Cincinnatians don't like their city to be pigeonholed. At least not in a manner they perceive to be off target.That's so Cincinnati.
BuzzFeed's "BuzzFeed Community" site helps the list-empire target specific cities and regions, resulting in one of the more shared links of the week, at least locally — "31 Ways to Tell You're From Cincinnati."
At first, many seemed to celebrate more attention for our fair city. Then they read the list. It has proven to be far more controversial than BuzzFeed's "11 Cincinnati Foods That Are Better Than Yours" from earlier this year, likely because that list actually reflected contemporary Cincinnati. As far as I know, all those "Cincinnati foods" still exist.
It was clear to many that the "community contributor" who wrote the piece either hadn't been to Cincinnati for a while or was simply parroting one of the Enquirer's old "Cincinnati is so crazy and distinct — we say 'Pop' and 'Please' " articles from the past.
As commenters immediately pointed out, BuzzFeed's list was great … for anyone taking a time machine back to Cincinnati circa 2001 or earlier. While the list was mildly accurate, it reinforced some old stereotypes, like "You will die if you step foot in Over-the-Rhine" and how we can't shut up about George Clooney's Cincinnati roots (he's not from Cincinnati, he's from Kentucky). Elsewhere, items like "You hung in there with Reds’ pitcher 'Cool Hand Leake' even after he was booked for shoplifting" suggest the writer found an old sports page from 2011. That was hardly a big deal when it happened; I would wager most but the die-hardest of Reds fans have forgotten it even occurred. And things like Cincinnatians saying "Please" instead of "What did you say?" or calling Coke and Pepsi "pop" are local quirks that seem to be dying a little more with each more-widely-connected-to-the-world generation.
But what does it matter what Cincinnatians think? BuzzFeed got their big hits surge from Cincy residents and ex-pats. All for something that appeared to take about 10 minutes to put together. "List bait" works.
Yesterday, the folks at the site Cincy Whimsy responded with an "answer list" (oh, if only rap feuds were solved this way). Their "31 Ways to Tell You're From Cincinnati List: An Improved Version" list rang a lot more true to a lot people. The first item set the tone, calling out BuzzFeed for not correctly spelling Servatii and Procter & Gamble. Check it out here.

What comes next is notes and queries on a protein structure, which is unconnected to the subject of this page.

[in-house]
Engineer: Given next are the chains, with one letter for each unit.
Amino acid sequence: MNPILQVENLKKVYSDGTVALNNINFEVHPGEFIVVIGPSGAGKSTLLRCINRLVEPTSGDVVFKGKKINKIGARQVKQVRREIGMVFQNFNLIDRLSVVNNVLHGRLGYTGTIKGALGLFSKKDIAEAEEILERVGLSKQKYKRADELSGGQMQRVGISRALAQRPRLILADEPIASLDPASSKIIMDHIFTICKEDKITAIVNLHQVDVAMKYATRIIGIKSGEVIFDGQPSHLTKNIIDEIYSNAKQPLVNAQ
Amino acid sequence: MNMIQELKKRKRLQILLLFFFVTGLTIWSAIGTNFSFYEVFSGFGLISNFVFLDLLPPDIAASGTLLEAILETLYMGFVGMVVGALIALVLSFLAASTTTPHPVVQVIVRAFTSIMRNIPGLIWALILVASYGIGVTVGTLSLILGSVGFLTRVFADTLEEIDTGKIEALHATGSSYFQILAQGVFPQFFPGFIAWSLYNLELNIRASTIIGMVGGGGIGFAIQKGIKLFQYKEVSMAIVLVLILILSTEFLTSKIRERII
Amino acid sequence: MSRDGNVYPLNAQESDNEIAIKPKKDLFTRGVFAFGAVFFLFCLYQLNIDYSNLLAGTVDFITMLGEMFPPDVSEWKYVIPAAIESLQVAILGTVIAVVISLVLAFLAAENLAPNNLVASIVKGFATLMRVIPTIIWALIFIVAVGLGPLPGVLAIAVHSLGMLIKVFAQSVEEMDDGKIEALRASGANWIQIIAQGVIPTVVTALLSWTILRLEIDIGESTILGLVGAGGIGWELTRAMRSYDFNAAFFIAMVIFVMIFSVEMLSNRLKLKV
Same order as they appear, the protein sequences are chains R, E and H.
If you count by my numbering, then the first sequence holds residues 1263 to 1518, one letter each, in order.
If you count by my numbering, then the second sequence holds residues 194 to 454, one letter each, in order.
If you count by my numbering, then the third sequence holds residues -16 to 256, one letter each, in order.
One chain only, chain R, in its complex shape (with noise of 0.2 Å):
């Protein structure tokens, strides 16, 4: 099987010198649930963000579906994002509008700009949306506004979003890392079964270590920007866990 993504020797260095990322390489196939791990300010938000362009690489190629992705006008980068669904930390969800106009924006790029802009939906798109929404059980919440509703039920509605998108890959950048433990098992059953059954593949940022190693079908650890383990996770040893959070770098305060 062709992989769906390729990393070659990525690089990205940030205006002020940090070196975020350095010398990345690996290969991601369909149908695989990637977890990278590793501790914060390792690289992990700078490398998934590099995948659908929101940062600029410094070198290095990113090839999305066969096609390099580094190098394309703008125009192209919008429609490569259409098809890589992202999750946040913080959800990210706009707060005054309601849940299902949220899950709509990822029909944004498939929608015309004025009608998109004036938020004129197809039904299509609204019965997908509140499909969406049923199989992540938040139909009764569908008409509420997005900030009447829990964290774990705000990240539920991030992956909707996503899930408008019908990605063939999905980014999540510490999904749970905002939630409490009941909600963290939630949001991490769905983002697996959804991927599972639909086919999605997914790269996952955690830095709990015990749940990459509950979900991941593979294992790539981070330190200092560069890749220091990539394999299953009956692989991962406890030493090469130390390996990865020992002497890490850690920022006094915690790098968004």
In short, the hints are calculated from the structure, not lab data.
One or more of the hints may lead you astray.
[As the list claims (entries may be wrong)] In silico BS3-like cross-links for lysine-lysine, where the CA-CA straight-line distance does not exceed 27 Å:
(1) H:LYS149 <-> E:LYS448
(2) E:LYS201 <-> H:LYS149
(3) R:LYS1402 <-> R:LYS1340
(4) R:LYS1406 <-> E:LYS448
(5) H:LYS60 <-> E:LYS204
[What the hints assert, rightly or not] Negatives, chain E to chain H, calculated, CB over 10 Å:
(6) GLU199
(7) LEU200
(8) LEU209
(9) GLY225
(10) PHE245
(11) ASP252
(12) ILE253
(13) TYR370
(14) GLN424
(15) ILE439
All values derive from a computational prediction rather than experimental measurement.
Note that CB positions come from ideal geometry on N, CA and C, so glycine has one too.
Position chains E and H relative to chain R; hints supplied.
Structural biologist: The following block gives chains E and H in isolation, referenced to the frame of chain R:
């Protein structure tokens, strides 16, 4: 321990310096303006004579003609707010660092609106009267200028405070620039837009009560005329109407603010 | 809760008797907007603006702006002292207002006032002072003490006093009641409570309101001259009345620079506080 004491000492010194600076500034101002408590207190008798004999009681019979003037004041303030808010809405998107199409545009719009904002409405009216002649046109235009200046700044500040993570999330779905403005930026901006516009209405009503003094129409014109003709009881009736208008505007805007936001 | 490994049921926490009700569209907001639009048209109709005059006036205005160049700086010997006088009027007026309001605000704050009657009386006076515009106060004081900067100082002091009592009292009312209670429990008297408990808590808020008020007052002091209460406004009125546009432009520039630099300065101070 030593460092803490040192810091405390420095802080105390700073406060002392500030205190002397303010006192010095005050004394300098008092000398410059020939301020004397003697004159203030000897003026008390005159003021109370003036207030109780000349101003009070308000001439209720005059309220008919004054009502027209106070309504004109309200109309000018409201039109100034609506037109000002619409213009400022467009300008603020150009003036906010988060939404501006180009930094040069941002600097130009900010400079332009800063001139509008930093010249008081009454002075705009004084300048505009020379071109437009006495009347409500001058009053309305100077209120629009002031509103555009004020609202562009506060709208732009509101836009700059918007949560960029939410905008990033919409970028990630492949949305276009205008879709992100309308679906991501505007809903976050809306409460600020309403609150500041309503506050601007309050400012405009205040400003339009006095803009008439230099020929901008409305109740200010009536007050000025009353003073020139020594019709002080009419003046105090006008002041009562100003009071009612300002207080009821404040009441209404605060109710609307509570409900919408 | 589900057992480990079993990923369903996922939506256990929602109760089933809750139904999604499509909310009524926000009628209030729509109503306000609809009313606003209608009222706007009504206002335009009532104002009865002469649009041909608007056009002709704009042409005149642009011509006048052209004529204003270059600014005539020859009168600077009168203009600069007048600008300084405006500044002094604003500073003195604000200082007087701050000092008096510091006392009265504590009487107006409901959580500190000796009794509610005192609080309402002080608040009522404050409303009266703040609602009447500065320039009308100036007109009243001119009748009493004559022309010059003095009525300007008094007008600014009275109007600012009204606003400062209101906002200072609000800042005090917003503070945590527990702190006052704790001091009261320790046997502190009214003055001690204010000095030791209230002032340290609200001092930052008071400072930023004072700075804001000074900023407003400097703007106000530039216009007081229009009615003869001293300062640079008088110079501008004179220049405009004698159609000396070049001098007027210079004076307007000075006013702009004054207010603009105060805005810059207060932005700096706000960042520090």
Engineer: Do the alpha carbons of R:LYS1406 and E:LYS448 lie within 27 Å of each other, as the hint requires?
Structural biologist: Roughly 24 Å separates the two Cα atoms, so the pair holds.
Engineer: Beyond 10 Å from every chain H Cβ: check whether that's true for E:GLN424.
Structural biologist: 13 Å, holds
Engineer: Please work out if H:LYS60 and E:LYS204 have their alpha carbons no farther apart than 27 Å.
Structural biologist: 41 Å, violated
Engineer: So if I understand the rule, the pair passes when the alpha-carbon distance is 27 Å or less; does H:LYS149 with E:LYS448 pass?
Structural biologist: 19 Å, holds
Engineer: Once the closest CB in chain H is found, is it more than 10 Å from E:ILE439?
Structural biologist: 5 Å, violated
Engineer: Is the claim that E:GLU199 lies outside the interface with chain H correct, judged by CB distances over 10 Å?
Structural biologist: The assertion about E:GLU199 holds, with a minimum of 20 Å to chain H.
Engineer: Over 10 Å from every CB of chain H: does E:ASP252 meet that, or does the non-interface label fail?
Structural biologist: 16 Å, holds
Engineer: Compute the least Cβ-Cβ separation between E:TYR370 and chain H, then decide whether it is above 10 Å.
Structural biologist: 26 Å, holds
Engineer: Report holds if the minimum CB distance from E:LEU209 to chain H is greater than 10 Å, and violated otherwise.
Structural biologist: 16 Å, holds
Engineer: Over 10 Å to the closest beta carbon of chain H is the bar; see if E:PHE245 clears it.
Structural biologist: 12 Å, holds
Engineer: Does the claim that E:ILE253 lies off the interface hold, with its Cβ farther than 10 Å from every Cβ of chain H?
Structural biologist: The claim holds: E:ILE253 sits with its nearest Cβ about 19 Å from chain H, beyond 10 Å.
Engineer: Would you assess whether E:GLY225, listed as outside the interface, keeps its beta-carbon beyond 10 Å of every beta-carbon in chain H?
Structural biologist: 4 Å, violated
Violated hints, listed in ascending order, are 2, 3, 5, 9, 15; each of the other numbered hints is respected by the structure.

Last week, the local web buzz was all about the Cincinnati USA Regional Chamber's "hip" ad for "Cincinnati USA," featuring a dude in capri pants and sandals talking about how Cincinnatians "do what we love." Unlike people from Pittsburgh, who strictly do things that they hate?
The video was also widely shared and, though well-intentioned, widely mocked.
Enter local comedienne Kristen Lundberg (aka Mammyspanx), whose equally-giddy response video is pretty pitch perfect.
Jack Heekin and Tom O'Brian created
the Pedal Wagon to give locals a unique way to experience all the bars,
historical sites and landmarks Cincy has to offer. It works like this: about a dozen
passengers sit around a rectangular covered wagon with pedals underneath the seats.
Those passengers provide the power while a driver steers the wagon along. If you're too short to reach the pedals (which is the case if you're under 5-foot-3) or physical activity cramps your style, just relax on the bench and watch your friends do all the work!
Pedal Wagon made its debut inside February's Cincy Winter Beerfest, then hit the streets of OTR for the recent Bockfest. Don’t worry about intoxicated drivers, though — passengers merely provide power for the wagon, while a sober professional directs it and controls the car-caliber breaks.
Pedal Wagon offers various city cruises where
guests will be taken to area bars, Fountain Square, and other Downtown hot
spots. They also feature Pedal Parties, where individuals can rent the wagon
for 2 hours at just $30 a person. Alcohol is not allowed on the wagon itself,
unless on private property with permission to do so (like inside Cincy Beerfest).
The crew plans to join forces with American Legacy Tours (Queen City
Underground, Newport Gangster Tour) for The Beer Barons and Bike Tour this May. For more information, or to book a cruise, call 513-201-ROLL or check out www.pedalwagon.com. Be sure to look out for the Pedal Wagon at Saturday's St. Patrick's Day parade downtown!